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Dr. David Odde on "How cell phones and video gaming can help cancer patients"
David Odde, PI of the University of Minnesota PS-OC discusses how cell phones and video gaming can help cancer patients by building computer models that predict patient prognosis and point to potential therapeutic strategies at the TEDx Minneapolis.
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Johns Hopkins researchers say they've unlocked key to cancer metastasis and how to slow it
Dr. Denis Wirtz and Hasini Jayatilaka from the Johns Hopkins University discuss their discovery of a biochemical signaling process that causes densely packed cancer cells to break away from a tumor and spread the disease elsewhere in the body.
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Dr. Thomas O’Halloran at the Presidential Council of Advisors on Science and Technology
Watch Dr. Thomas O’Halloran, co-Principal Investigator of the Northwestern University PS-OC, at the Presidential Council of Advisors on Science and Technology (PCAST) as he discusses how new investment aimed at stimulating rapid innovation in diagnosis and treatment will be strongly accelerated by bringing interdisciplinary teams of oncologists and cancer biologists together with outsiders.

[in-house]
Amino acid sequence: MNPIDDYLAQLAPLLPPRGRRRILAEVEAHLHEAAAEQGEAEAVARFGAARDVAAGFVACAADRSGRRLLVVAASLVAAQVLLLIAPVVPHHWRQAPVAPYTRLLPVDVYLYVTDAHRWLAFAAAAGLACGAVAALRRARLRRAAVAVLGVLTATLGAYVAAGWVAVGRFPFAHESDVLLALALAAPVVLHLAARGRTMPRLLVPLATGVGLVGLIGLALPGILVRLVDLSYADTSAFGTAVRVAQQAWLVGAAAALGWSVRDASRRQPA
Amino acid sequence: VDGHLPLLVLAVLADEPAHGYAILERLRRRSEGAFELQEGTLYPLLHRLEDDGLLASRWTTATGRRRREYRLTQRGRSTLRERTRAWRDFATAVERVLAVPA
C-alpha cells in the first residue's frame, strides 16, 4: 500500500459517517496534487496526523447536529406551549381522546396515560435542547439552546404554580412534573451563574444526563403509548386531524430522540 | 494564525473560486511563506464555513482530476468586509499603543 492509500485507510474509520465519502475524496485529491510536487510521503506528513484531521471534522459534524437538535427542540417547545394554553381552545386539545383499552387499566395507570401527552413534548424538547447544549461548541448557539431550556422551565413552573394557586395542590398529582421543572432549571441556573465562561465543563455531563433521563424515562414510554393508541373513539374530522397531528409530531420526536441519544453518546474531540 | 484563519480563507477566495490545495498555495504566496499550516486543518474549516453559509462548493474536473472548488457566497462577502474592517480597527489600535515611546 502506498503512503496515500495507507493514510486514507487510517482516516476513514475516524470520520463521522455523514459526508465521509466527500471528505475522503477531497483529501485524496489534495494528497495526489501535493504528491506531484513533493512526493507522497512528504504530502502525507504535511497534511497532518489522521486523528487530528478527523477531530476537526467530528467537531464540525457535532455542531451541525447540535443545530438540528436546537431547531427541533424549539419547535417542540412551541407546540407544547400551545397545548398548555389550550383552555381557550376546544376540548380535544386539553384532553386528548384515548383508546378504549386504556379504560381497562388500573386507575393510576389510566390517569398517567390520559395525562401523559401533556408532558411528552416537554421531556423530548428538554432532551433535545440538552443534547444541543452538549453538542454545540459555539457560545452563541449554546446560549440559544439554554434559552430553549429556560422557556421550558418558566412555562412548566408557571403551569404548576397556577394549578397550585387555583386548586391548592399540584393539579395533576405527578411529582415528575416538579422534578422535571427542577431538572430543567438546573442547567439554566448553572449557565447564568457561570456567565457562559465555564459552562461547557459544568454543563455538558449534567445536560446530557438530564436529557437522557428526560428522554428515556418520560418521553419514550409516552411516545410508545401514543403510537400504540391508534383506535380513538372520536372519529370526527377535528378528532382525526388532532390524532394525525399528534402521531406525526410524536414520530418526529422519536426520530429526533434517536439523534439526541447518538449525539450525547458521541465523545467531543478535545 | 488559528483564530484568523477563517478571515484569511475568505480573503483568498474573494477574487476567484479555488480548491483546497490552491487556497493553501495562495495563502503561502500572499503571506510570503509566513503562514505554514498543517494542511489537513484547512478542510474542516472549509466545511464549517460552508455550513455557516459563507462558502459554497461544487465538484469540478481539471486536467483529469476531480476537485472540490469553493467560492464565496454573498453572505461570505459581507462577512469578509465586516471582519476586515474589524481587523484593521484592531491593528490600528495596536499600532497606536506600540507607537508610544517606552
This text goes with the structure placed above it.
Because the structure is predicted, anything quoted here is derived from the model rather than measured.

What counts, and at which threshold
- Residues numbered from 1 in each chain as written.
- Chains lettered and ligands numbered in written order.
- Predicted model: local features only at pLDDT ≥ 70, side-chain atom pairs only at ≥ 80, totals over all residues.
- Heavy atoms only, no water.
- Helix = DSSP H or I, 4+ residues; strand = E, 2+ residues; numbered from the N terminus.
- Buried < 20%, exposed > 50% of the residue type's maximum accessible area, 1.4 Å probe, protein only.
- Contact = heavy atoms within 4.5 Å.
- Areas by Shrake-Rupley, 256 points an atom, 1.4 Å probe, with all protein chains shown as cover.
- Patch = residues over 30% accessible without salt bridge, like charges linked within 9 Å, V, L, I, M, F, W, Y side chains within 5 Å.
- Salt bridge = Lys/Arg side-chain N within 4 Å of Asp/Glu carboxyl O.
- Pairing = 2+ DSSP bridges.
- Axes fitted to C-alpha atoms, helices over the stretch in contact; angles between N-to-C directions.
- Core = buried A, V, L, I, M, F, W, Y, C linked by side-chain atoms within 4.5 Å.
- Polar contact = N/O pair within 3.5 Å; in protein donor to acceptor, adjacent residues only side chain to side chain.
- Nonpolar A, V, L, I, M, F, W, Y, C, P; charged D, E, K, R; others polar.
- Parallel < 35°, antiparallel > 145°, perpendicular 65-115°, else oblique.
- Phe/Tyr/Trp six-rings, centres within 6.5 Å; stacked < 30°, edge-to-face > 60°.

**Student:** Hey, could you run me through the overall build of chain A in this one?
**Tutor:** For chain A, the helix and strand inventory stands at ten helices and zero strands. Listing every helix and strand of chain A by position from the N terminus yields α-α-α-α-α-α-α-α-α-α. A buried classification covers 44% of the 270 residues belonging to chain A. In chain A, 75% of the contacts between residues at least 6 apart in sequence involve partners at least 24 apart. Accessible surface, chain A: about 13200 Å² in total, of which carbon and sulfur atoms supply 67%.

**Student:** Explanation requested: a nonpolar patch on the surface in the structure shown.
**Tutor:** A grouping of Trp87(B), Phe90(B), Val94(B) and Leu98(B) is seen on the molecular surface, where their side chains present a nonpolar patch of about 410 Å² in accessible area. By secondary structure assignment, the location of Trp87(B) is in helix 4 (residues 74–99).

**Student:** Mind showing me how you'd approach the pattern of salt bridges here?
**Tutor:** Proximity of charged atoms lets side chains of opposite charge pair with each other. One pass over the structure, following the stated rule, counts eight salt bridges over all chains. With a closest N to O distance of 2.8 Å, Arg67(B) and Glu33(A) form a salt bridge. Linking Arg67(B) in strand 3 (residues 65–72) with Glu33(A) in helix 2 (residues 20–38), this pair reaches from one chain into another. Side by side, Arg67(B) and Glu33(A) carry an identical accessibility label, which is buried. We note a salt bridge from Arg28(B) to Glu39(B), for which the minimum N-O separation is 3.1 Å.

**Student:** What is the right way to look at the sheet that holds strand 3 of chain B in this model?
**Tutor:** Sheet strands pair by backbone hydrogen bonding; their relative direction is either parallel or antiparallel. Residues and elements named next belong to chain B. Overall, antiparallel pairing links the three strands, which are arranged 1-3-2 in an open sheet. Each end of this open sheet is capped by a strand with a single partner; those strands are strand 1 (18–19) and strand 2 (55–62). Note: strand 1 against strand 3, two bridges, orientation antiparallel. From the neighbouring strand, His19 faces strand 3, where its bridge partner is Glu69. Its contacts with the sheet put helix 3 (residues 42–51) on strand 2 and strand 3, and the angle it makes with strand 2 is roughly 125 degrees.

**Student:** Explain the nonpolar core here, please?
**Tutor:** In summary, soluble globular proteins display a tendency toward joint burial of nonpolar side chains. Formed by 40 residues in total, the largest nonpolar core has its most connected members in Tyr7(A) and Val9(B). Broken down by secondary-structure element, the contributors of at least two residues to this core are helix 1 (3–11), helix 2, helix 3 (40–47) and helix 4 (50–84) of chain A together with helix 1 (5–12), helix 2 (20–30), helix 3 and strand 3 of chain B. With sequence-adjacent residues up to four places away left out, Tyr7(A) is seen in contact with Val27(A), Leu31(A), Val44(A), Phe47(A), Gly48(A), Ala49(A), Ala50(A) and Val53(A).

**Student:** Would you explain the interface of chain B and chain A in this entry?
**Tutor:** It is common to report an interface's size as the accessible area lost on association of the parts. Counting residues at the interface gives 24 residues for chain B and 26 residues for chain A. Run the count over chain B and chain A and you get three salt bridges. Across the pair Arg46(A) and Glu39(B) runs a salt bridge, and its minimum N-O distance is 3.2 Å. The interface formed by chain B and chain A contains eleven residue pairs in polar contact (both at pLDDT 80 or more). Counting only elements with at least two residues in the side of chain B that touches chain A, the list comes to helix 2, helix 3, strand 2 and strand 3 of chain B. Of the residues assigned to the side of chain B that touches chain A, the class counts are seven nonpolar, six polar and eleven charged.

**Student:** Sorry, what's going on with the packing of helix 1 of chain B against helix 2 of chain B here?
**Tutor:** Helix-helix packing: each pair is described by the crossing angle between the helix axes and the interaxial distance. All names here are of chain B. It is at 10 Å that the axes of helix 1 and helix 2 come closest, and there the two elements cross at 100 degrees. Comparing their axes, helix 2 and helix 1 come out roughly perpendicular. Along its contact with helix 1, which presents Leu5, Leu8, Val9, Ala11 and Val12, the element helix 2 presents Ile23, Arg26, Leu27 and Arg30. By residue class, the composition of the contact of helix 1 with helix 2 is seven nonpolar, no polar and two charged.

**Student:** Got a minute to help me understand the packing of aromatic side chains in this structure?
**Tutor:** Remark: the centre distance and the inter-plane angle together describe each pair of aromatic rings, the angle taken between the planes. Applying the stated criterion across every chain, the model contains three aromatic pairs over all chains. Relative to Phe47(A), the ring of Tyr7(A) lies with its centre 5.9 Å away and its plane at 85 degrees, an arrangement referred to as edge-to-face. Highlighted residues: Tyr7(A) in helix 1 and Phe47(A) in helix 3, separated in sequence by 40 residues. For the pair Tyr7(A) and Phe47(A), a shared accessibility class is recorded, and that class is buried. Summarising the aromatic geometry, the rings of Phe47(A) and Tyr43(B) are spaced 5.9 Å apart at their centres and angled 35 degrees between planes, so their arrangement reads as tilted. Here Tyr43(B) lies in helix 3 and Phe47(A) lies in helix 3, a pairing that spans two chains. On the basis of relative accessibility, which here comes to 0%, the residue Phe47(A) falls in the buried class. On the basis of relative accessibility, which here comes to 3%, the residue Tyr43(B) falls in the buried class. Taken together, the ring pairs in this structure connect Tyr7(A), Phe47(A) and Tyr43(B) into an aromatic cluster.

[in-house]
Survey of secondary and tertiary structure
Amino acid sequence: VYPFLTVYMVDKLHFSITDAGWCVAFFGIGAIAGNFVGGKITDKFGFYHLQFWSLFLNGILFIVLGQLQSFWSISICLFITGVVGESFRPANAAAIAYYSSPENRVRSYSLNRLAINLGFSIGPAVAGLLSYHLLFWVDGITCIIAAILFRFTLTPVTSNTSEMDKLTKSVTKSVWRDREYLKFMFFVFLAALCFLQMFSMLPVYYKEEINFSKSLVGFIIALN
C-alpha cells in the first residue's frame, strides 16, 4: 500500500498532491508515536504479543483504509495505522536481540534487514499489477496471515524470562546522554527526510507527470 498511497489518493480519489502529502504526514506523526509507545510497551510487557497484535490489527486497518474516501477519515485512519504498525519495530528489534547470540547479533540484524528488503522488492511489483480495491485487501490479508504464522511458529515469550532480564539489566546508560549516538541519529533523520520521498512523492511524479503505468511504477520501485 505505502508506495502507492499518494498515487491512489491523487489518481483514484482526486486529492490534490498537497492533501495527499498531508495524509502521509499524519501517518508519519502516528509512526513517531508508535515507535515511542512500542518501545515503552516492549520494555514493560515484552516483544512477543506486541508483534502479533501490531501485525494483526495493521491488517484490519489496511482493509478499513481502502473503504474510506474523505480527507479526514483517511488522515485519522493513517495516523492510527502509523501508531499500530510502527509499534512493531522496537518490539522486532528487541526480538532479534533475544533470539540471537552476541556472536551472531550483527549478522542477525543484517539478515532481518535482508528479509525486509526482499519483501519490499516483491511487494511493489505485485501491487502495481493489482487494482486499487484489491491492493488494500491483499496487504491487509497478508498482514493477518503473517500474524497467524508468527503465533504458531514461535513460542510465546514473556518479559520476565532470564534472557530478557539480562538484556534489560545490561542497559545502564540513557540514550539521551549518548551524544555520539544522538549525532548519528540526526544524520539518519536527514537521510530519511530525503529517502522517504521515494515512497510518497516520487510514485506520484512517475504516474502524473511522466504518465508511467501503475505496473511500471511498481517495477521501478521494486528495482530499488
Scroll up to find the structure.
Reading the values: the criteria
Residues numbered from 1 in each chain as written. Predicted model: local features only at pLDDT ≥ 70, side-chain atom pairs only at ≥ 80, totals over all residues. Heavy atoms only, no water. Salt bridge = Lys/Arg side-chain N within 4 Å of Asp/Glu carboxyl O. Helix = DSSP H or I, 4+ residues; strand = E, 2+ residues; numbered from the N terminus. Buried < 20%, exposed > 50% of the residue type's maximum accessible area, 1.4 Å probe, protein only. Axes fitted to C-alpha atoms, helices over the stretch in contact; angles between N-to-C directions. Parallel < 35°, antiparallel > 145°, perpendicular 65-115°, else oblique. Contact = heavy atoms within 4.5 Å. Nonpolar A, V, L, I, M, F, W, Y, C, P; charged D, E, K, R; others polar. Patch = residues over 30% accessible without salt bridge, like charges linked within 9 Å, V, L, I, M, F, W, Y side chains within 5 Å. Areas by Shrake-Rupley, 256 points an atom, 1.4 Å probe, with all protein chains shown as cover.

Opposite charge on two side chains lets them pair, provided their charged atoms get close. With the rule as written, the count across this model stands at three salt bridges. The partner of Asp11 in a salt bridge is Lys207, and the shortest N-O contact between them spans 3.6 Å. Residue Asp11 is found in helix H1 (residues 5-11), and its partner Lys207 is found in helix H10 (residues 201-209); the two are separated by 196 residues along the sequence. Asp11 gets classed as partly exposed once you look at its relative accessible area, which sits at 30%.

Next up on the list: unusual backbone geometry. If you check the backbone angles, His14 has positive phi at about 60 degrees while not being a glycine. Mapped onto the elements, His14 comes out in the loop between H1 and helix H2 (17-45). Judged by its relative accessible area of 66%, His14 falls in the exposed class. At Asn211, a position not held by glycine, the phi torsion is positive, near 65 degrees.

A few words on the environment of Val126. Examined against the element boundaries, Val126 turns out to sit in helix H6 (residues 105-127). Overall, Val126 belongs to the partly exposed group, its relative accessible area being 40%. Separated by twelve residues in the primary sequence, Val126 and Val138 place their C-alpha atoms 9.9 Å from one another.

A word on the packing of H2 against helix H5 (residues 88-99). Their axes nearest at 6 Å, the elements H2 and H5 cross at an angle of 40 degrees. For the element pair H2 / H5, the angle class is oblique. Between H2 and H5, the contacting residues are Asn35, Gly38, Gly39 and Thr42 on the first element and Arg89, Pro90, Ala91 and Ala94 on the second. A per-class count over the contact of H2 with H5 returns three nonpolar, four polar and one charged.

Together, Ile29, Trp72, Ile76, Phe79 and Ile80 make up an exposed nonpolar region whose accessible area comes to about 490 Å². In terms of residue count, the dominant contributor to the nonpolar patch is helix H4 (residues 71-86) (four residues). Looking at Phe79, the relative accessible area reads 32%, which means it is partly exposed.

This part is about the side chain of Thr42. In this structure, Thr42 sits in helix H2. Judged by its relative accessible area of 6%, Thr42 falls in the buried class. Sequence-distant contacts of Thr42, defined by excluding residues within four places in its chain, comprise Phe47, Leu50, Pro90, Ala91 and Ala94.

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Paul Davies at New Scientist Live Event in London
Hear leading cosmologist and author Paul Davies describe new insights that come from looking at cancer cells as physical objects - including a radically new approach to therapy. This New Scientist Live event took place at Conway Hall, London, on 5 June 2013. Paul Davies directs the Beyond Center for Fundamental Concepts in Science at Arizona State University.
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Tracking Ovarian Cancer Through Blood Cells
Dr. Kelly Bethel, from the Scripps PS-OC discusses how monitoring Circulating Tumor Cells (CTCs) in the blood of ovarian cancer patients is being used to monitor to track response to treatments and disease progression.
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Dr. Franziska Michor on "When does 2 + 2 = LIFE?"
Franziska Michor, PI of the Dana Farber Cancer Institute PS-OC discusses how mathematical approaches can help us understand and combat cancer at the TEDMED conference.
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Cancer in 3-D
Denis Wirtz from the Johns Hopkins University PS-OC presents his research on how 2-dimensional and 3-dimensional environments impact cancer and cell migration. Video courtesy of the Northwestern University PS-OC.
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Fundamental Mechanochemistry of Tumor Progression
Jan Liphardt of the University of California, Berkeley PS-OC discusses the research on how cell mechanics and physical forces regulate tissue architecture and cancer progression. Video courtesy of the Northwestern University PS-OC.
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Measuring a Single Cell's Density